Gender in relation to ‘public’ and ‘private’
Today’s class sparked some interesting thoughts for me, some of which were not coherent enough to voice in class (or which developed further after leaving the room, as good thoughts inevitably do). In no particular order, some more stuff:
Karol’s presentation was titled “Kaleidoscopic frames”. The visual of a kaleidoscope is a powerful one, reminiscent almost of puzzle pieces; each shows a fraction of the whole image, but none independently complete the picture. Are we like this too? Each of us leads a private life (relatively) unknown by others, but we are interconnected in many complex ways. When we look through a kaleidoscope, we see a fragmentary version of our world, small pieces isolated from each other rather than viewed as a whole. This image was interesting and I would have loved to talk about it more!
I loved that Gabe brought up gender, particularly in relation to the Sue Thornham article. I enjoyed reading Thornham’s article, but I thought it kind of skirted around the issue of gender rather than tackling it head-on. For instance, why is it that talk shows and soap operas (and later reality television) are considered to be ‘for’ women? Initially, these programs probably aired during the day, when men were at work and their wives were at home letting the turkey cook, or watching the baby nap, or whatever. But now that women are often breadwinners as well, is it the focus of the program that makes us classify them as being ‘for’ women? If a man watches these shows, does it emasculate him? On that note, if a woman watches things aimed at men (sports, game shows, late-night adult cartoons), is she viewed in the same light? This enters into a new discussion, I suppose, about whether TV unites us or separates us – we can watch a show in our own private life, but when does it become public property? When we turn on the TV to watch it, or when we discuss it with a friend? Can we then cross over into other people’s private spheres by sharing common interests?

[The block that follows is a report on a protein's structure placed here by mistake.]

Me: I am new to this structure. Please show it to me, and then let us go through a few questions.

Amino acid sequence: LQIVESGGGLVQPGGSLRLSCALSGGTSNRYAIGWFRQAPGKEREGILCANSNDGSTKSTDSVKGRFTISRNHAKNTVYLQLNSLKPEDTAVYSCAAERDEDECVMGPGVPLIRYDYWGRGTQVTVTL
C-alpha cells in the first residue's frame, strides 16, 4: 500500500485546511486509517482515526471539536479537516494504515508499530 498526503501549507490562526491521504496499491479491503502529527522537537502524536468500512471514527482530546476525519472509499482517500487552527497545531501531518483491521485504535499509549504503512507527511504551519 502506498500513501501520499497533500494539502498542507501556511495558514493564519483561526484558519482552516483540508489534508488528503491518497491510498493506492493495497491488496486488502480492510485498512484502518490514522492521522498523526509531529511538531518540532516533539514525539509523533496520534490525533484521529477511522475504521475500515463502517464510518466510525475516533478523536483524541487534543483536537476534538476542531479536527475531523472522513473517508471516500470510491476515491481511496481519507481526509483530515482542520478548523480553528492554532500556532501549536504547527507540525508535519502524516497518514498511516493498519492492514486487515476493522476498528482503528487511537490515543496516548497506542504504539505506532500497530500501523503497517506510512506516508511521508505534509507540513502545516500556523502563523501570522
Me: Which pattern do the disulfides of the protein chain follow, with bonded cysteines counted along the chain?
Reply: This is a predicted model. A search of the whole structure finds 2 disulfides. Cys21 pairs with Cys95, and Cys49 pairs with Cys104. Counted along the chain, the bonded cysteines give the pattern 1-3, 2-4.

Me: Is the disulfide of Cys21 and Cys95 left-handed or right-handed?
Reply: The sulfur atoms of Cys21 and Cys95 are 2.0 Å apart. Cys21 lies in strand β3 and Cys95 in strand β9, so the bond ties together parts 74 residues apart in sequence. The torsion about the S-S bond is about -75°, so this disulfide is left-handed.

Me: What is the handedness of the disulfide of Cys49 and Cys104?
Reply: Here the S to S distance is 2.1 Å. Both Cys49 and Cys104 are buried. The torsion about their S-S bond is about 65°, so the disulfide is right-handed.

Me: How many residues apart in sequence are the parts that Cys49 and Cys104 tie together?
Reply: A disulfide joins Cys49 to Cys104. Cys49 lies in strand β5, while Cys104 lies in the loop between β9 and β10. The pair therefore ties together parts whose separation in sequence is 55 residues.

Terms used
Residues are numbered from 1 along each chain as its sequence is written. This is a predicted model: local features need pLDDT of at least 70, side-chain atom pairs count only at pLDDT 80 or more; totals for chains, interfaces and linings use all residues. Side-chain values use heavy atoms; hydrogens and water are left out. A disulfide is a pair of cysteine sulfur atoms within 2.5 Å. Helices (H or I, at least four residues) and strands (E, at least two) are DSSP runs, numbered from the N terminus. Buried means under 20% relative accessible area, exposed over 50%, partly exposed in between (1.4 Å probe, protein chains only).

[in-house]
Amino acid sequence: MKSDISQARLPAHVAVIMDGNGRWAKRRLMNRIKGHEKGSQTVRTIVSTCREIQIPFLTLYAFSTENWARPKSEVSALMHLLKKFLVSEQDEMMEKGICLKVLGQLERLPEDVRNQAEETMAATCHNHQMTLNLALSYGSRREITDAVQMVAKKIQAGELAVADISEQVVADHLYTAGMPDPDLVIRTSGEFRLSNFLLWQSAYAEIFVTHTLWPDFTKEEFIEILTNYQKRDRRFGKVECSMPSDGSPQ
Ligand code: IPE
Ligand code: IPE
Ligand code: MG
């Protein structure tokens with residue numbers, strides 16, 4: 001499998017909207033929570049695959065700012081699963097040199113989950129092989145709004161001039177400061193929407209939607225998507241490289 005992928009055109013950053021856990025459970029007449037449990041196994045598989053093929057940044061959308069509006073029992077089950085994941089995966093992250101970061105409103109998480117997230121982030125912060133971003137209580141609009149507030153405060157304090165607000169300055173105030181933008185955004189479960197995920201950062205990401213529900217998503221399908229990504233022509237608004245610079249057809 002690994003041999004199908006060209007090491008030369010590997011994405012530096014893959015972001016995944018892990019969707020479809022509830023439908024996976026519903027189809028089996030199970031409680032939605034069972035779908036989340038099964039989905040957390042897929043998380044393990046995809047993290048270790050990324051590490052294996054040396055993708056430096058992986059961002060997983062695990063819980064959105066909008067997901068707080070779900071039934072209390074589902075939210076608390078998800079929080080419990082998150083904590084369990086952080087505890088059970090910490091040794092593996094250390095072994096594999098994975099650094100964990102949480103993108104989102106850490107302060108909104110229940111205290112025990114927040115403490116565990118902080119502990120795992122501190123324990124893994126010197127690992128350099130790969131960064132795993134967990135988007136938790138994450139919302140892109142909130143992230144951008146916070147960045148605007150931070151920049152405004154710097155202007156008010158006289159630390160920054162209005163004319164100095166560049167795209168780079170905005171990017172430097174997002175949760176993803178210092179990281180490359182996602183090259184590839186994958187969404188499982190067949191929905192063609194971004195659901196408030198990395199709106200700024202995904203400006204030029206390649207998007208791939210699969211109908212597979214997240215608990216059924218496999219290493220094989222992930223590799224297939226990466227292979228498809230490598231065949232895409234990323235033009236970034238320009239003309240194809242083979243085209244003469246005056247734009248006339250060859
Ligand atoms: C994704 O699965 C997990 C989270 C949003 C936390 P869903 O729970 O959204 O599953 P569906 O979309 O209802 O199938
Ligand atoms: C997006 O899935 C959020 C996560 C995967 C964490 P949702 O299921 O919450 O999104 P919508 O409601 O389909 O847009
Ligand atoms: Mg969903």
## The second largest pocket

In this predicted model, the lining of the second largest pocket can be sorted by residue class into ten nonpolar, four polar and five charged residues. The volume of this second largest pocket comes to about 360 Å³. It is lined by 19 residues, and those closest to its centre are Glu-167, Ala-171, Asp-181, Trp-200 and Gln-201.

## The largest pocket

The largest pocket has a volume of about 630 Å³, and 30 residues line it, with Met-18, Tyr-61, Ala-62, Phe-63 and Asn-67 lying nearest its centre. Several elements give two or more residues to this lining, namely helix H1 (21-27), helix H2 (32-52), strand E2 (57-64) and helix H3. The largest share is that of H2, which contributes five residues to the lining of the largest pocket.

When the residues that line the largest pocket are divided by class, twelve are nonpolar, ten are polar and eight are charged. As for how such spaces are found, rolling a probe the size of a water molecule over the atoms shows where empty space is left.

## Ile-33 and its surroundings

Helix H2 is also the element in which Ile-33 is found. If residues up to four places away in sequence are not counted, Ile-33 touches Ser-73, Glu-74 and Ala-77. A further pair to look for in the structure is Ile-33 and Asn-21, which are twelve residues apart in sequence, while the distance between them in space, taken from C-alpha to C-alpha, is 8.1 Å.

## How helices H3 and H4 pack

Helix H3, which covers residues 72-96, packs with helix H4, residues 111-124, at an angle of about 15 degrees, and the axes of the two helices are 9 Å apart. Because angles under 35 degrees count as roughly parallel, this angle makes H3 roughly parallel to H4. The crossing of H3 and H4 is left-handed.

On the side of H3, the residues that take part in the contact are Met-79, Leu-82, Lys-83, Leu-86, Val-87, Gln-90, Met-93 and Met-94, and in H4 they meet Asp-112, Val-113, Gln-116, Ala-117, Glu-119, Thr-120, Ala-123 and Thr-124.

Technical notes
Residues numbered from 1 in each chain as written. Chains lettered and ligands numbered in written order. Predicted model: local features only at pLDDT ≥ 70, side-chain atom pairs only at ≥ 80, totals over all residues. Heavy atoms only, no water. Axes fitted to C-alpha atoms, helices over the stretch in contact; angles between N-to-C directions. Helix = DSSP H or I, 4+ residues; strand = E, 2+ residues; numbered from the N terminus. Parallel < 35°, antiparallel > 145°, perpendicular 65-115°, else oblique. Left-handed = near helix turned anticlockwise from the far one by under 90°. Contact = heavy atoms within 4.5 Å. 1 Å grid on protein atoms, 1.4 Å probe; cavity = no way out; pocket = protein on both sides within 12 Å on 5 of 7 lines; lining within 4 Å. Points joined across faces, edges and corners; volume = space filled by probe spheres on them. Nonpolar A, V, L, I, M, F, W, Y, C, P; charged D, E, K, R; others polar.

I had so many thoughts on Jamie’s “Mr. Robot” presentation, but none of them seemed to make sense outside of the confines of my own brain. The Twitter feed, as was pointed out in class, could be an hour-long discussion on its own. Is the Food Network tweet an example of escapism (like the Bachelor, for me), where the #BlackLivesMatter tweets seem to be a call to action? Is it our laziness that makes us scroll past politically charged things on Twitter or Facebook (or read them and go back to our lives), or would we like to do something, but don’t know how? The upcoming federal election is a hotly debated topic, and there are constant news stories about it. I read the stories, but I rarely comment; political leanings and opinions on these stories seem to belong in my private sphere. When I feel comfortable with someone, I may voice my opinions and allow them to peek into my sphere, so to speak. But in this expository action, are we creating a new sphere?
Until next week.